Trampolines have become increasingly popular over the last ten years or so. They've actually been around for nearly 100 years, so it may be surprising to know that trampolines have a bit of a sorted history. There are a lot of cool things to know about trampolines, including how they got to where they are today.
Here are 11 cool things you may not have known about trampolines.
This may vary a bit from one manufacturer to another, but most trampolines are made from the same types of materials. To better understand this, let's talk about the basic components of a trampoline first. These will normally include:
Most of the metal pieces, such as the frame and springs, will be made of some variation of galvanized steel. Your jumping surface is most likely a woven mixture of nylon and other synthetic materials such as polyethylene, specially designed to give you that "springy feeling" most trampolines give you when you walk across the surface, while your safety pads are typically made out of impact absorbing foam, similar to what you might find inside of a bicycle helmet (although, probably much softer).
As we already mentioned, all trampoline metal pieces are made of some variation of galvanizes steel.
This is actually pretty cool to watch. If you ever get the chance to watch this in person online, check it out!
Metal tubing is first bent into the desired shape to form the frame of the trampoline.
Holes are punched into the frame and sockets are welded on where they need to be, making it possible for you to attach the pieces together using screws and bolts.
Once the fabric for the jumping surface is woven, it's cut into the appropriate shape and size and seemed around the edges.
D-rings are attached to the outer edges of the jumping surface, allowing you to connect it to the frame using springs.
Viola! Ok, I'm oversimplifying this process a little bit, but that should give you a basic idea of what goes into making a trampoline.
In most cases, they're going to go on sale when they're not in season. Look for the best deals and clearance prices when the summer weather begins to cool off and give way to fall weather. Black Friday can also be a great chance to snag a trampoline at a good price if you're willing to fight through the crowds. Beyond that, there are always great deals online at places like Amazon.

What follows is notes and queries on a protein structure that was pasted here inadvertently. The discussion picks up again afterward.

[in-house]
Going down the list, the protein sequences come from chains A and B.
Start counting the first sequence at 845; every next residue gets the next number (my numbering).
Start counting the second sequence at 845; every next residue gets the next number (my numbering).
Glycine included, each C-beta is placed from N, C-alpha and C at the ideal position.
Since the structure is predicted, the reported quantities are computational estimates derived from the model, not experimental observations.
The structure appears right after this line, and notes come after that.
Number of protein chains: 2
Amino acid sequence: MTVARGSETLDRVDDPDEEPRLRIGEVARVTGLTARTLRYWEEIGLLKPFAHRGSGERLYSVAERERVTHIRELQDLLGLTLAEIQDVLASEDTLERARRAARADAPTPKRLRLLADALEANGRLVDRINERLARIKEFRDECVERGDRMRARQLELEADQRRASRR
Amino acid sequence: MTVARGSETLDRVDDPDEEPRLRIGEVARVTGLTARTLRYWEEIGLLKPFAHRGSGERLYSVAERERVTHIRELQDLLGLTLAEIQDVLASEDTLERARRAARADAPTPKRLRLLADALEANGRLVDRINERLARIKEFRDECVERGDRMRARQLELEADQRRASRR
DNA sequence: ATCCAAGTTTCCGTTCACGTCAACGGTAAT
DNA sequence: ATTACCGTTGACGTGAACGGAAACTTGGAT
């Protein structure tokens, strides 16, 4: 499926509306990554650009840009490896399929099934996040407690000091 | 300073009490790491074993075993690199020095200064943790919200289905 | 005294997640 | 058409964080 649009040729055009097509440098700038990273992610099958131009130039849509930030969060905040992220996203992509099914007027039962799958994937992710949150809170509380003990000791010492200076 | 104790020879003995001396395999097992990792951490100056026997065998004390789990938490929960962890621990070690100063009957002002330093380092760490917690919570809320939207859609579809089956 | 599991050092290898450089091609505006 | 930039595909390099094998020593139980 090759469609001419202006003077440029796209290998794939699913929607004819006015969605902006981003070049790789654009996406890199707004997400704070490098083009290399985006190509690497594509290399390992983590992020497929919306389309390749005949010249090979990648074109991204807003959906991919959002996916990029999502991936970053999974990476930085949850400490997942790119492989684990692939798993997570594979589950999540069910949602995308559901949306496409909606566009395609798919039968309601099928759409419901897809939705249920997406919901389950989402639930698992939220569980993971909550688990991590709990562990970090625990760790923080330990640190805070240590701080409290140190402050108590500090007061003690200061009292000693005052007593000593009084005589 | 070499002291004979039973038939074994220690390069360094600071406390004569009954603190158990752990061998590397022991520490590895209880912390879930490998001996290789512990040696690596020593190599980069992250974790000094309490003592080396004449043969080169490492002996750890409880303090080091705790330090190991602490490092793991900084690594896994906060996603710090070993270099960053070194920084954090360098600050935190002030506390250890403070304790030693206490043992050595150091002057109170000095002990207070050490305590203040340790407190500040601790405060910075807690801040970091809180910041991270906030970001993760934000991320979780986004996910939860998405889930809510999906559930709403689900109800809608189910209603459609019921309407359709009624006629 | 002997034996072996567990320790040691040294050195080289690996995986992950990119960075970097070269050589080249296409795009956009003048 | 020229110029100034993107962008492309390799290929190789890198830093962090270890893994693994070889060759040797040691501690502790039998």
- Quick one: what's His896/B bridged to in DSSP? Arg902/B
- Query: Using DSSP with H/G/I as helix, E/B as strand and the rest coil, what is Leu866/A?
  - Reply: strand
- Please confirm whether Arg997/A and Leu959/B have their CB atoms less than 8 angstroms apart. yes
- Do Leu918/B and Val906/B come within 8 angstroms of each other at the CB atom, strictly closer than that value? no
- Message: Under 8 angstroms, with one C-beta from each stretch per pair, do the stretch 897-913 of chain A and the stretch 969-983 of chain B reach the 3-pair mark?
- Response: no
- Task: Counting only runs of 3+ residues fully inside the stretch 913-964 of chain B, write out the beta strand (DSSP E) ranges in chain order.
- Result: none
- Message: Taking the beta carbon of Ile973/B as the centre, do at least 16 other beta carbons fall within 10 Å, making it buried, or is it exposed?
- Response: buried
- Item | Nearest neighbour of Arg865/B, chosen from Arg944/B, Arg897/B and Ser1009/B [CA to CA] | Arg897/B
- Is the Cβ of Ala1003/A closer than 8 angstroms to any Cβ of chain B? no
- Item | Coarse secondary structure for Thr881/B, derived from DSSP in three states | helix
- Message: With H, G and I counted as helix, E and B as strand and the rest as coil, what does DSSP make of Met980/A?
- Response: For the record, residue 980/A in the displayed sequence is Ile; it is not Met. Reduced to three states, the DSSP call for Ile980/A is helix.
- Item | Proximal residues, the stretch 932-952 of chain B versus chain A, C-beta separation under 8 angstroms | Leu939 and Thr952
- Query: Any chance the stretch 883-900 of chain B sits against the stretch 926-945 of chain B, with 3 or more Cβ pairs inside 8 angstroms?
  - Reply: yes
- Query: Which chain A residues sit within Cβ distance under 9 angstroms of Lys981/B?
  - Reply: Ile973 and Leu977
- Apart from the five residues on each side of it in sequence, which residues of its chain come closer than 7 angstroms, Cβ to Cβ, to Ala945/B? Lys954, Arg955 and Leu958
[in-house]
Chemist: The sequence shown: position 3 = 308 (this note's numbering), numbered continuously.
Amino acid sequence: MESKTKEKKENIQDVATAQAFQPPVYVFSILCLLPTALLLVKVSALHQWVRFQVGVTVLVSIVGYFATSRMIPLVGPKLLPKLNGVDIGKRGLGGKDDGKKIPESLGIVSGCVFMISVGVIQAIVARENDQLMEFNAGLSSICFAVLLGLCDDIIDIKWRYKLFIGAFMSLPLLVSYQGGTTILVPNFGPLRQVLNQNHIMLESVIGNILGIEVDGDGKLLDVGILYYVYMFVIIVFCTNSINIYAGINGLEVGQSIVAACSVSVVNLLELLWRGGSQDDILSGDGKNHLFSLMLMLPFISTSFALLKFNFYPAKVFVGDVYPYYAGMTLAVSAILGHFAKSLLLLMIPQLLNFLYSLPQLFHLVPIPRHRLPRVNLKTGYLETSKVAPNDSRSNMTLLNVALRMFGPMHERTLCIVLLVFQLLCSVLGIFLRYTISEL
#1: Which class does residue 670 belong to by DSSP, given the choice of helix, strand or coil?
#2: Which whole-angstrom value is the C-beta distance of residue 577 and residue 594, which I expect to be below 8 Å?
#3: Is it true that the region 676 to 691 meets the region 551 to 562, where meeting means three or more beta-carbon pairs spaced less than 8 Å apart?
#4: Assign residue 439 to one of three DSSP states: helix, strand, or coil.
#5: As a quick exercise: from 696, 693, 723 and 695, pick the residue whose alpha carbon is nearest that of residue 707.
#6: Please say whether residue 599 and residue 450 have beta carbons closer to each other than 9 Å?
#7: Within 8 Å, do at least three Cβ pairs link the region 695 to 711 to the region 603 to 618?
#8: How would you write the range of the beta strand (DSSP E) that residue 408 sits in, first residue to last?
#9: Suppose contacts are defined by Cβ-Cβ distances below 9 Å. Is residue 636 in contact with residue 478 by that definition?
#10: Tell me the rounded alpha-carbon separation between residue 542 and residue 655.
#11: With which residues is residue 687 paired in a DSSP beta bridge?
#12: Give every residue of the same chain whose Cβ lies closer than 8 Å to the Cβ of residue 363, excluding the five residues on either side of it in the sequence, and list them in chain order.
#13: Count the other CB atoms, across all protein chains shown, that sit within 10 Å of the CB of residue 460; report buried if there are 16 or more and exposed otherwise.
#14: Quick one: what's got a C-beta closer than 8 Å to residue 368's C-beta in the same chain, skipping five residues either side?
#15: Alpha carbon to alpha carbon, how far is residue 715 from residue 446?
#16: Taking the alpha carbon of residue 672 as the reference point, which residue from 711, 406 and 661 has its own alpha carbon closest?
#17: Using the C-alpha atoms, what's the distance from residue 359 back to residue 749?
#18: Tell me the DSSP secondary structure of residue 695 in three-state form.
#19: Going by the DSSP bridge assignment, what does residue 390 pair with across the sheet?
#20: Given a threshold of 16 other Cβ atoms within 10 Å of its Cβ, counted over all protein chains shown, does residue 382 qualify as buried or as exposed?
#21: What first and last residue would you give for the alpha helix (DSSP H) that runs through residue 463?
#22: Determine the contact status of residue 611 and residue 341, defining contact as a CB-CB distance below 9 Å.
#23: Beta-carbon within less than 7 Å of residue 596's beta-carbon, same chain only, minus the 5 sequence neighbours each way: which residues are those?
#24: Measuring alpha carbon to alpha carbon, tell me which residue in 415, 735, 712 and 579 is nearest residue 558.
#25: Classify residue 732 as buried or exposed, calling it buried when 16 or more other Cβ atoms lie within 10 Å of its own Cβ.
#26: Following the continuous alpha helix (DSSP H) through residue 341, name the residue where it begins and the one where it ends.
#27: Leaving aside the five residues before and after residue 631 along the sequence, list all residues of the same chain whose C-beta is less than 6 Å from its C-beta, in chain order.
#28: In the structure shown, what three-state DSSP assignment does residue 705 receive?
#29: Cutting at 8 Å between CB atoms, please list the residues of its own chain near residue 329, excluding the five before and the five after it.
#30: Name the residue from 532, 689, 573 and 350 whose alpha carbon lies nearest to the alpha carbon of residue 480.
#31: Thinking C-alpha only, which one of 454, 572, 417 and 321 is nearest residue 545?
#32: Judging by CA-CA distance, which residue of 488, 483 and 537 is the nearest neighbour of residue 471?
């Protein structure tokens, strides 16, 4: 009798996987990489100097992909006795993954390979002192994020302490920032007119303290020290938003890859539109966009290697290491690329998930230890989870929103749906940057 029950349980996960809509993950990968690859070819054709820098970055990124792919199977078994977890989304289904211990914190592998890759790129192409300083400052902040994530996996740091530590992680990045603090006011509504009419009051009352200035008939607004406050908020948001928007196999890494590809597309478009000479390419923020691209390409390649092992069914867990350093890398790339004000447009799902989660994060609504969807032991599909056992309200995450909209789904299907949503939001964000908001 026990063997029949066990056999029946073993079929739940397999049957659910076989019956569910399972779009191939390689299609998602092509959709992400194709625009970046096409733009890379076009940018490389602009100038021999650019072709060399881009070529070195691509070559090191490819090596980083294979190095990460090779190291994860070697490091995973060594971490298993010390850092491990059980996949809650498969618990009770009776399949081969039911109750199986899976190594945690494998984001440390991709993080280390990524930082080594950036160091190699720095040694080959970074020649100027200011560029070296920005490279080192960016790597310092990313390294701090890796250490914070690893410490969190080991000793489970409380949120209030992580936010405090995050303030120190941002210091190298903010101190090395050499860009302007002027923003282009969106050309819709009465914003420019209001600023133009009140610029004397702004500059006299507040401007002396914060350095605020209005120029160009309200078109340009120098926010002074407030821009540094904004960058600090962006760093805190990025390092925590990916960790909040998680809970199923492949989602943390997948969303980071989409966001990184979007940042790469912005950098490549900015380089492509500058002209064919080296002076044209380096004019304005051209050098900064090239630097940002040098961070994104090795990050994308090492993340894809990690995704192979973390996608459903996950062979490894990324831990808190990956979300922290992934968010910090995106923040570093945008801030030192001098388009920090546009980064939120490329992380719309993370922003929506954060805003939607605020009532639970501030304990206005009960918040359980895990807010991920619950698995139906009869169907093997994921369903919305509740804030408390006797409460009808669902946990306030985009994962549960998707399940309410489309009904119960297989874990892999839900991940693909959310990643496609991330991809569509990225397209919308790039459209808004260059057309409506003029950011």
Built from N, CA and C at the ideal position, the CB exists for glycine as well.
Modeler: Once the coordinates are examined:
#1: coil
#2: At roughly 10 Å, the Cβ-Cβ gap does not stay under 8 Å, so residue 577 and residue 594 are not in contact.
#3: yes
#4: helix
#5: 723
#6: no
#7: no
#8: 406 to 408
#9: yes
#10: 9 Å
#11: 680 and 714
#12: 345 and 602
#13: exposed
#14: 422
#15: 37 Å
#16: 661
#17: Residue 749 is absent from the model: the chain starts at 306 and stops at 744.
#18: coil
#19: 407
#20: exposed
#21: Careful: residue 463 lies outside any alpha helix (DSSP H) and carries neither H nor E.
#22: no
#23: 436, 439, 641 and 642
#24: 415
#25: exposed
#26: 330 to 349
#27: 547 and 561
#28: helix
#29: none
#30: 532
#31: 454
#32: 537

The first trampoline designed for public use was made around 1950. There's a pretty interesting story behind this, so stay tuned!
The original idea for the trampoline was conceived by a young man named George Nissen. He first had this idea while he was living in the Long Island area. His invention made its first public appearance in New York City's Central Park.
Nissen was a young gymnast looking for a way to improve his training regime. He originally used some old steel and inner tubes from old tires he found in a scrap yard. He originally called his invention the "bouncing rig."
George Nissen's original idea came to him in the 1930's. It took him some time to get people on board, but within a few years, the trampoline was destined to become a national craze.
Originally, it was used as a way to help Nissen train in gymnastics. His wife, who as also a gymnast, soon came to love it as well and, over time, it became a popular attraction at state fairs and even gas stations.
By the 1950's, virtually every gas station in America had a "jump center," where kids were allowed to jump on a trampoline and burn energy while parents busied themselves with shopping and filling up the car. This popularity didn't last long though. Early trampolines were notoriously dangerous and, by 1980, so many severe trampoline injuries had become so common, Nissen found himself facing countless lawsuits and the public began to quickly abandon this form of recreation.
It took a surprisingly long time for the trampoline to first appear in the Olympics. This didn't happen until nearly 70 years after the trampoline was invented, in the 200 Winter Olympics.
While trampolines used to be considered extremely dangerous, they've actually come a long way recently. Safety features that weren't even dreamed of when the trampoline was first invented are now a standard in the manufacturing process. It may be impossible to eliminate the risk of injury altogether, but trampolines are safer than ever these days and every bit as fun as they ever were.